Post-rock bands dabbling with electronics is nothing new – it’s in fact become something of an inevitability for many. In 2014 alone there were some standout releases in this field from heavyweights such as This Will Destroy You, sleepmakeswaves and, of course, arguably the pioneers, 65daysofstatic.
Now on their second LP, young Italian trio Platonick Dive are the latest to expand further the synth tones and electronic beats from Therapeutic Portrait, their debut. Now intrinsic rather than decorative, the greater importance of the electronic elements makes Overflow a celebration of mutualism rather than juxtaposition. In the press release of slightly broken English can be found a pleasingly poetic description of the evolved sound: ‘a soundtrack for a slow, abstract dance’. While it’s hard to imagine two people engaged in a traditional slow dance to this record, the image conveyed of being absorbed by that before you is apt. Reverb-drenched lead guitars, minimal bass parts, female vocal samples and treble-heavy production all create a dreamy, ethereal atmosphere that enchants and remains somehow intact even during the most explosive moments; during the loudest of these, in “The Best Is Yet To Come”, the attentive listener can discern through the pummeling snare drumming the faint chimes of a calming glockenspiel.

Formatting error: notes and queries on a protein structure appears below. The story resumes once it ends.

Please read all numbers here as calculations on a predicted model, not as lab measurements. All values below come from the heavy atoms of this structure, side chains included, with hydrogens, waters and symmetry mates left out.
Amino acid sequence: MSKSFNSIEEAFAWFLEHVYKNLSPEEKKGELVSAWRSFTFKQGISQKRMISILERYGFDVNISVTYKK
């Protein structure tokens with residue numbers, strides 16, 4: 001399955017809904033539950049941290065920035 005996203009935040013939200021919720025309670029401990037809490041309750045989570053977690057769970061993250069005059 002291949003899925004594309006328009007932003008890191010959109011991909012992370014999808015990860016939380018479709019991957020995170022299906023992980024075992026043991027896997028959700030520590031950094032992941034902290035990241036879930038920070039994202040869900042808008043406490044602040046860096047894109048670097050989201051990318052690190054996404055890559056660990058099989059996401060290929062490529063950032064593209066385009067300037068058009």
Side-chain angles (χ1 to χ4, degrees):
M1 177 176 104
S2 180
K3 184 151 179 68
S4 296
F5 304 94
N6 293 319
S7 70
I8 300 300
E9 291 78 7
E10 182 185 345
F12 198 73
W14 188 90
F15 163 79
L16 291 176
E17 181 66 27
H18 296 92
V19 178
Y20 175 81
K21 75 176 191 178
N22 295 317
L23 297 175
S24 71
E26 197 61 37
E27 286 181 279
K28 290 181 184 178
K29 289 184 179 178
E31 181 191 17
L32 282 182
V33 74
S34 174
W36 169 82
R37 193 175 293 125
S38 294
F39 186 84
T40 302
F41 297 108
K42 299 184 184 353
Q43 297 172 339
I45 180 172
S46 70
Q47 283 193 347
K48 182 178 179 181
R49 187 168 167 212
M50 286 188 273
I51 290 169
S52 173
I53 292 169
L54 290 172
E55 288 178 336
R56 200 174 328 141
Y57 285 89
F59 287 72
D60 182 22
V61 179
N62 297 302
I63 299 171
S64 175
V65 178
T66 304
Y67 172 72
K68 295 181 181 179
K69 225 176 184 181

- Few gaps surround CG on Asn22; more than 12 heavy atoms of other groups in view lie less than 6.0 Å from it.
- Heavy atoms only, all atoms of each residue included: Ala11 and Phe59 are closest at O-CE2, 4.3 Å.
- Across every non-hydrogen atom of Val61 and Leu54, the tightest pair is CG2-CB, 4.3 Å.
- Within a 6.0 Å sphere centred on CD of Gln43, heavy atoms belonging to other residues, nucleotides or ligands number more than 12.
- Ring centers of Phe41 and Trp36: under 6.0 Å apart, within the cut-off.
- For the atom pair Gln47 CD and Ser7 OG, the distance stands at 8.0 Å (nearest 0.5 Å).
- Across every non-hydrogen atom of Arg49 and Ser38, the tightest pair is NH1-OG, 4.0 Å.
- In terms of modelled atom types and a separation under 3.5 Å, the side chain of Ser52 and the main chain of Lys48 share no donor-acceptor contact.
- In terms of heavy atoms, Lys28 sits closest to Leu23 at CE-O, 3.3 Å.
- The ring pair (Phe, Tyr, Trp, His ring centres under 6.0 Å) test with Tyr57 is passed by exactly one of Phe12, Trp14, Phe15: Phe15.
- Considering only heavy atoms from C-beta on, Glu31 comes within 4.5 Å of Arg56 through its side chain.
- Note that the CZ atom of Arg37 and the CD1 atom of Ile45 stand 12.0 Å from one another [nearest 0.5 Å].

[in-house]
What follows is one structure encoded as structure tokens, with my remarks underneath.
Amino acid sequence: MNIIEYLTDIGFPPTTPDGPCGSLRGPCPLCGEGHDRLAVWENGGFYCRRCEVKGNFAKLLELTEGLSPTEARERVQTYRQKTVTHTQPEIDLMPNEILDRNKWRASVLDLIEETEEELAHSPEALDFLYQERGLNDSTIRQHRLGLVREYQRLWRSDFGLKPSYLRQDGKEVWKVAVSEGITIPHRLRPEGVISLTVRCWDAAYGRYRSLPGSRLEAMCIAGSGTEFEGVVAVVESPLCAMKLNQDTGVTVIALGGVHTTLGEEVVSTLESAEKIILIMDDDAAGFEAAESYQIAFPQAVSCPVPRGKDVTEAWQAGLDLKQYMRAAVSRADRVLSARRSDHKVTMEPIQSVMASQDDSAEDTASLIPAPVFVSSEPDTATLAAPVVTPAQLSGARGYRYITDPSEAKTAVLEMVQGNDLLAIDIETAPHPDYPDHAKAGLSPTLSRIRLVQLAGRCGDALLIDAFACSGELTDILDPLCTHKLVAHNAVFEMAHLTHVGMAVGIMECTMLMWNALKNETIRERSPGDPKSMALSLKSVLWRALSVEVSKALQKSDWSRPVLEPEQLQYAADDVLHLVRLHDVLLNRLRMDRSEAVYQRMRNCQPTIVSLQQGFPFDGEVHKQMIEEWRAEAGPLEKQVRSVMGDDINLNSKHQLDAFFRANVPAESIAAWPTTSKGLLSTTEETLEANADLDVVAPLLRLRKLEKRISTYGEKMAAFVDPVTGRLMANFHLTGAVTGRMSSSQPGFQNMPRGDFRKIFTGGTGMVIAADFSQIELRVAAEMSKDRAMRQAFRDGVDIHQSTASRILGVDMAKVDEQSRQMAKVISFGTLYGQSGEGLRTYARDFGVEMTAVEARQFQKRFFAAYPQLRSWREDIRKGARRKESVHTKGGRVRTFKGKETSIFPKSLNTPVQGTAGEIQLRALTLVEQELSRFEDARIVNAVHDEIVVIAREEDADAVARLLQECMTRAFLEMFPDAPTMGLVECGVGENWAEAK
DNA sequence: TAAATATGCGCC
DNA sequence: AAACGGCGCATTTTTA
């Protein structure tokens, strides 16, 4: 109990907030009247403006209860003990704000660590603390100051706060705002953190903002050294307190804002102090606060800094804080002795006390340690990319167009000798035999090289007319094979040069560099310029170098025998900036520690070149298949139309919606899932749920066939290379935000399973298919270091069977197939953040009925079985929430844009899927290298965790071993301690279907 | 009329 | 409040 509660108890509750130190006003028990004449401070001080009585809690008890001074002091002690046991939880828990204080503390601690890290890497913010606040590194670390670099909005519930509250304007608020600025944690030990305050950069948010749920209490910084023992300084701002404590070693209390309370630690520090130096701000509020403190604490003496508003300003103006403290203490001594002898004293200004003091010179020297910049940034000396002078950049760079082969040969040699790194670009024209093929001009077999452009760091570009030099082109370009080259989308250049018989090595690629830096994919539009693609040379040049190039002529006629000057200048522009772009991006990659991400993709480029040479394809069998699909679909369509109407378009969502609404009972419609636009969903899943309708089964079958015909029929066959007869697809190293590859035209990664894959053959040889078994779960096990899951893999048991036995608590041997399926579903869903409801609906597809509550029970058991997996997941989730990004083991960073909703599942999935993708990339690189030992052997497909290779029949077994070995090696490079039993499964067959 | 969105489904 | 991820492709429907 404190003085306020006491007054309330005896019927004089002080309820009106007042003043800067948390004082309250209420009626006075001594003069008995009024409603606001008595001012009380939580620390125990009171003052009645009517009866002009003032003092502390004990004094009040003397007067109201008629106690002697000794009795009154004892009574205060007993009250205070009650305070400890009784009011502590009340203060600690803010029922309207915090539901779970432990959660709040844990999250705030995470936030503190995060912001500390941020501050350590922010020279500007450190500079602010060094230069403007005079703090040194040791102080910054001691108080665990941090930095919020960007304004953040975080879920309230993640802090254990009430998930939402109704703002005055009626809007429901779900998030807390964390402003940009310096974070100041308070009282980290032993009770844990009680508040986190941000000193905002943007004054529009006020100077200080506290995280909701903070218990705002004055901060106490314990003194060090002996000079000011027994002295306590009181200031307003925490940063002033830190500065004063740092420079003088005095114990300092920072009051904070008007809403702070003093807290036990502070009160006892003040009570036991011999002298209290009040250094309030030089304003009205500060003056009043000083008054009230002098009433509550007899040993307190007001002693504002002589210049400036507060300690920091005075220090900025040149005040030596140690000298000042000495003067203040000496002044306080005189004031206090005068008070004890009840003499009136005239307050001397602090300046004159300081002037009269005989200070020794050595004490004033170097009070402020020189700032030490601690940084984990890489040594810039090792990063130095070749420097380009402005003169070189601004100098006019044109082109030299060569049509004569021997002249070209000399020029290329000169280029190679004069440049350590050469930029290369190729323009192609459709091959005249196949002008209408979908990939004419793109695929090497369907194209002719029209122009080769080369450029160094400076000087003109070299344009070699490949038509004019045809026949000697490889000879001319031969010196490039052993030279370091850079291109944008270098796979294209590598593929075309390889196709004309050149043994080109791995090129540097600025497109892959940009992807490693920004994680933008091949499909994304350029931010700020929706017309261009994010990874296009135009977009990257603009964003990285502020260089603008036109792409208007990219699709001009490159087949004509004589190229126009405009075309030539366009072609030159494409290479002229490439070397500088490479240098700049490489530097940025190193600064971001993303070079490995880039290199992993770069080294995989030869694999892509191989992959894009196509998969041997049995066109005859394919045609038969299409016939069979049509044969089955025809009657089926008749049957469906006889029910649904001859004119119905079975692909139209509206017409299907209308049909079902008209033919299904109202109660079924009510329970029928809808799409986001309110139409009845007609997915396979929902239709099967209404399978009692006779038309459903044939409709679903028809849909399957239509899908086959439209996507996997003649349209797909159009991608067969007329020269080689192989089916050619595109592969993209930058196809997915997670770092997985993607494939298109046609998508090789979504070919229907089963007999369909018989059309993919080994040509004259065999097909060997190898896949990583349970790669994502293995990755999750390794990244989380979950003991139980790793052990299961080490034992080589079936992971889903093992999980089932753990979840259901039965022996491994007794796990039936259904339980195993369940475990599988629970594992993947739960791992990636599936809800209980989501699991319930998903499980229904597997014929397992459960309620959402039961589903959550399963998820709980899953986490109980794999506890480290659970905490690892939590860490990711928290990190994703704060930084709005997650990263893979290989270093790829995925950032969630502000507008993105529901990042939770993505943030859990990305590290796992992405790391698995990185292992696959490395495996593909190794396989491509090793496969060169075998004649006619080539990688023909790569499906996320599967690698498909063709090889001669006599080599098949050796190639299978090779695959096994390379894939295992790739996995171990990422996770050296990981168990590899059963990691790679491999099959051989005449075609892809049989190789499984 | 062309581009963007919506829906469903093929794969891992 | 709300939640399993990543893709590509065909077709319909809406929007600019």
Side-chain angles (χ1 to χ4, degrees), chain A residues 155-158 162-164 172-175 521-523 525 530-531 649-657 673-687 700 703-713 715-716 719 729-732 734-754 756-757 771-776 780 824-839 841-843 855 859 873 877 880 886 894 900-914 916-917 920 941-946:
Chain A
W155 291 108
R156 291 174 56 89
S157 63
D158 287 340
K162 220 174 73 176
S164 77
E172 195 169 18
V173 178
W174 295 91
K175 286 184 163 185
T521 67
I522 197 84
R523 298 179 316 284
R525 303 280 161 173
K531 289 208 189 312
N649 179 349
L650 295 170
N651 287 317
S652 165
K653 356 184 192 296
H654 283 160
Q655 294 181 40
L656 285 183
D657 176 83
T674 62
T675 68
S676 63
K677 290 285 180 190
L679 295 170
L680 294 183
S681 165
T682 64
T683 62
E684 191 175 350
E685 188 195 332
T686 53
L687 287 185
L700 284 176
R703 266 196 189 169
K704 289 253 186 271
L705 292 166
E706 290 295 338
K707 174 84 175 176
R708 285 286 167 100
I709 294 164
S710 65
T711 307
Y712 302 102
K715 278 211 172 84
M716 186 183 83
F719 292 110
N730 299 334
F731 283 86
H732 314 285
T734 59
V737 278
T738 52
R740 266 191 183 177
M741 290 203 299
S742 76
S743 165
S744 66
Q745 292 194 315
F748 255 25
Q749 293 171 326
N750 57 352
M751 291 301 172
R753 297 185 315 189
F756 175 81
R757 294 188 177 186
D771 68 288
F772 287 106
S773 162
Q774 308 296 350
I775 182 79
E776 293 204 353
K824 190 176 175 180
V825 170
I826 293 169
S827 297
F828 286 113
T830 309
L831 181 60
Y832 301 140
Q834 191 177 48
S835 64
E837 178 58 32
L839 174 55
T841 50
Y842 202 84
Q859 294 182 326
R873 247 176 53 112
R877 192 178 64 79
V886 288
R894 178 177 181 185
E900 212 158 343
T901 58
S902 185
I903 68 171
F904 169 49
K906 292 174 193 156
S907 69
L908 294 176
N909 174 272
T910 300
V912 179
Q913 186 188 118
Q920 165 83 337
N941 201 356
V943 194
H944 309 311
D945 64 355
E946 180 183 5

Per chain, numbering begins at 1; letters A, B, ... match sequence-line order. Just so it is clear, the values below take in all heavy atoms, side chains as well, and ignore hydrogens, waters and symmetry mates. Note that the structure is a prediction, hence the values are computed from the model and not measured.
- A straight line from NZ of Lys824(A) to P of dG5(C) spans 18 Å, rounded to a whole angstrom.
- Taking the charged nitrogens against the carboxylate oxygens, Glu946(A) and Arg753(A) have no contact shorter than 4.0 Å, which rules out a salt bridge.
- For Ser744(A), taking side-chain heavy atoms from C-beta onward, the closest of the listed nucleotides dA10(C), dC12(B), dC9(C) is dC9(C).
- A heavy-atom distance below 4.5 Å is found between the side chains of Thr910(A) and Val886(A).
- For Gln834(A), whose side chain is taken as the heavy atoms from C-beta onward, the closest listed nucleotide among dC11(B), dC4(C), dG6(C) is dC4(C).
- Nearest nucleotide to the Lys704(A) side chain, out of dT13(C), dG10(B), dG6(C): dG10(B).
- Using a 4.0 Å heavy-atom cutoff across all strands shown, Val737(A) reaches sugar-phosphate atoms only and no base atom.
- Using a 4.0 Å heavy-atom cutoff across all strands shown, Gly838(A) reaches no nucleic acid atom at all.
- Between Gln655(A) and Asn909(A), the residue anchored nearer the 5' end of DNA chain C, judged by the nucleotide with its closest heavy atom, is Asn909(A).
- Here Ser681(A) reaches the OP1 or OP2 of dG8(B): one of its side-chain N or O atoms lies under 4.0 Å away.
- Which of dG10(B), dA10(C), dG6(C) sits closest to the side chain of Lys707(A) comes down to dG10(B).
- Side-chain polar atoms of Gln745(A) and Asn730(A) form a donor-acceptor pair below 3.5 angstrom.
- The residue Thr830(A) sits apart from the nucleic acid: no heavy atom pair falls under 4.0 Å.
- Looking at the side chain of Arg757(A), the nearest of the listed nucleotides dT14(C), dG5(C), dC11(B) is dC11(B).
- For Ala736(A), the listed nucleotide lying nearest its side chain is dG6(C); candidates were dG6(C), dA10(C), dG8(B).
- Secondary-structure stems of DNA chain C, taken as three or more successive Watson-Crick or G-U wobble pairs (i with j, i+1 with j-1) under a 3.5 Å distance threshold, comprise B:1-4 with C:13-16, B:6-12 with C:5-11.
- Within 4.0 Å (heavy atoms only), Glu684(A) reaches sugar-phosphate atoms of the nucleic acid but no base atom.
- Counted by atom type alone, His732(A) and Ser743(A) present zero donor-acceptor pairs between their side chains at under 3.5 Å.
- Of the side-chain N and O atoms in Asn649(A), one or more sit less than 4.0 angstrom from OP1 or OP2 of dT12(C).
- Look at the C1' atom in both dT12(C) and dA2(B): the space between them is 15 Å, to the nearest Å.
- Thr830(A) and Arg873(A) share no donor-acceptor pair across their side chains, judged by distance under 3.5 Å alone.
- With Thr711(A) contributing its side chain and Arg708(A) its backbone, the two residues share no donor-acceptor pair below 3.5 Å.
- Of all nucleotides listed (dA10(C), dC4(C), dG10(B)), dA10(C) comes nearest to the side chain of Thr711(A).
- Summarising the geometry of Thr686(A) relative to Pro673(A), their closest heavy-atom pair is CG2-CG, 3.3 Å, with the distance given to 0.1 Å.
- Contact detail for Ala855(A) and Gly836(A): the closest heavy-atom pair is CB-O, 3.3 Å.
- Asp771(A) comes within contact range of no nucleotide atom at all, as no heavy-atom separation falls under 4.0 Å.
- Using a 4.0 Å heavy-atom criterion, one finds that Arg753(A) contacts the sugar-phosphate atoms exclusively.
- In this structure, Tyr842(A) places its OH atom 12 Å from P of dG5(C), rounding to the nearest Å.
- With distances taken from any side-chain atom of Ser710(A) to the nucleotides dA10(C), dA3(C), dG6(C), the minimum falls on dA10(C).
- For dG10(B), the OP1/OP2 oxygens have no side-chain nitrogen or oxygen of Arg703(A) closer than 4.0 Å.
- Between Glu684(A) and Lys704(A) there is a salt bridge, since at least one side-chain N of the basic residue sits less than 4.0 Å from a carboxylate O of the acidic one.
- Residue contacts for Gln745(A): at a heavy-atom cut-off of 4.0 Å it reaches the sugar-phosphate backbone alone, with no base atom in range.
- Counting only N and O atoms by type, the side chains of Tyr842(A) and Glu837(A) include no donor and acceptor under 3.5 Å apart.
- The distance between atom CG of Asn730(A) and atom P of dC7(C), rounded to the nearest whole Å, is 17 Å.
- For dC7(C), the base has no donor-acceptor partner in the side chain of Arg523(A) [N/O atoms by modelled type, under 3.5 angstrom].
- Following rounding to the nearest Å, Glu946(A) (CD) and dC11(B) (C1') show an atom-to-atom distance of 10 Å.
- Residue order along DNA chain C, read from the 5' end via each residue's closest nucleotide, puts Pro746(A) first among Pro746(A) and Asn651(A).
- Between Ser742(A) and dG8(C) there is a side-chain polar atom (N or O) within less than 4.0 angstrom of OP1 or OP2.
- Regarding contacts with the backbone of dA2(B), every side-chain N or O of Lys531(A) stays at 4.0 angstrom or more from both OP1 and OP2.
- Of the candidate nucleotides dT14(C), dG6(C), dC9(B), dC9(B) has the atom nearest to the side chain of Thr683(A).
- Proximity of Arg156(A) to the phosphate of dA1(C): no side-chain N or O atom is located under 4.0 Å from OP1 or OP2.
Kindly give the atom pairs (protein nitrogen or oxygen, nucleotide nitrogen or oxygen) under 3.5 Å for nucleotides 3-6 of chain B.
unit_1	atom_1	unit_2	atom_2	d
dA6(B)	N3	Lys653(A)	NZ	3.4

More impressive than the equal marriage of the two genres is how the band encourages their songs away from the lengthy embrace of the atmosphere they create. Indeed, it is arguably another stereotype of post-rock bands to condense compositions they previously would have drawn out. The album’s title may suggest an abundance of ideas, but the trio have managed to force them into a collection of tightly constructed songs, only one of which exceeds five minutes. After repeated listens a rough formula can even be discerned: a synth-and-beats-based intro is given voice by a melodic guitar line and momentum by the drummer’s entrance, before a crescendo of overdriven guitars erupts to bring the song to a climactic close, sometimes interrupted by a quieter interlude. The powerful opener “Spoken Noise”, whose impressively produced video is below, exemplifies this.
While many artists may disagree, having a formula isn’t necessary a negative provided it makes effective use of the chosen instrumentation. The music is not repetitive per se, it merely reveals the joins and seams beneath the polished surfaces. Having a formula also elevates those tracks that eschew it, and the likes of “Mirror” and “Geometric Lace” accordingly command the most attention – the former with effective vocal development and the latter with pumping and hooky outro.
There are hints of the band’s willingness to further expand its tonal palette, such as the brief string-led close to “Mirror” and the rhythmically jarring finish of “The Best Is Yet To Come”. While voice samples discussing the effects and legalisation of marijuana needlessly highlight the youth of the band, Overflow is on the whole mature and impressively cohesive. All Platonick Dive should seek to do next is explore those outlying sounds and start developing some genre customs of their own. (Chris Redfearn)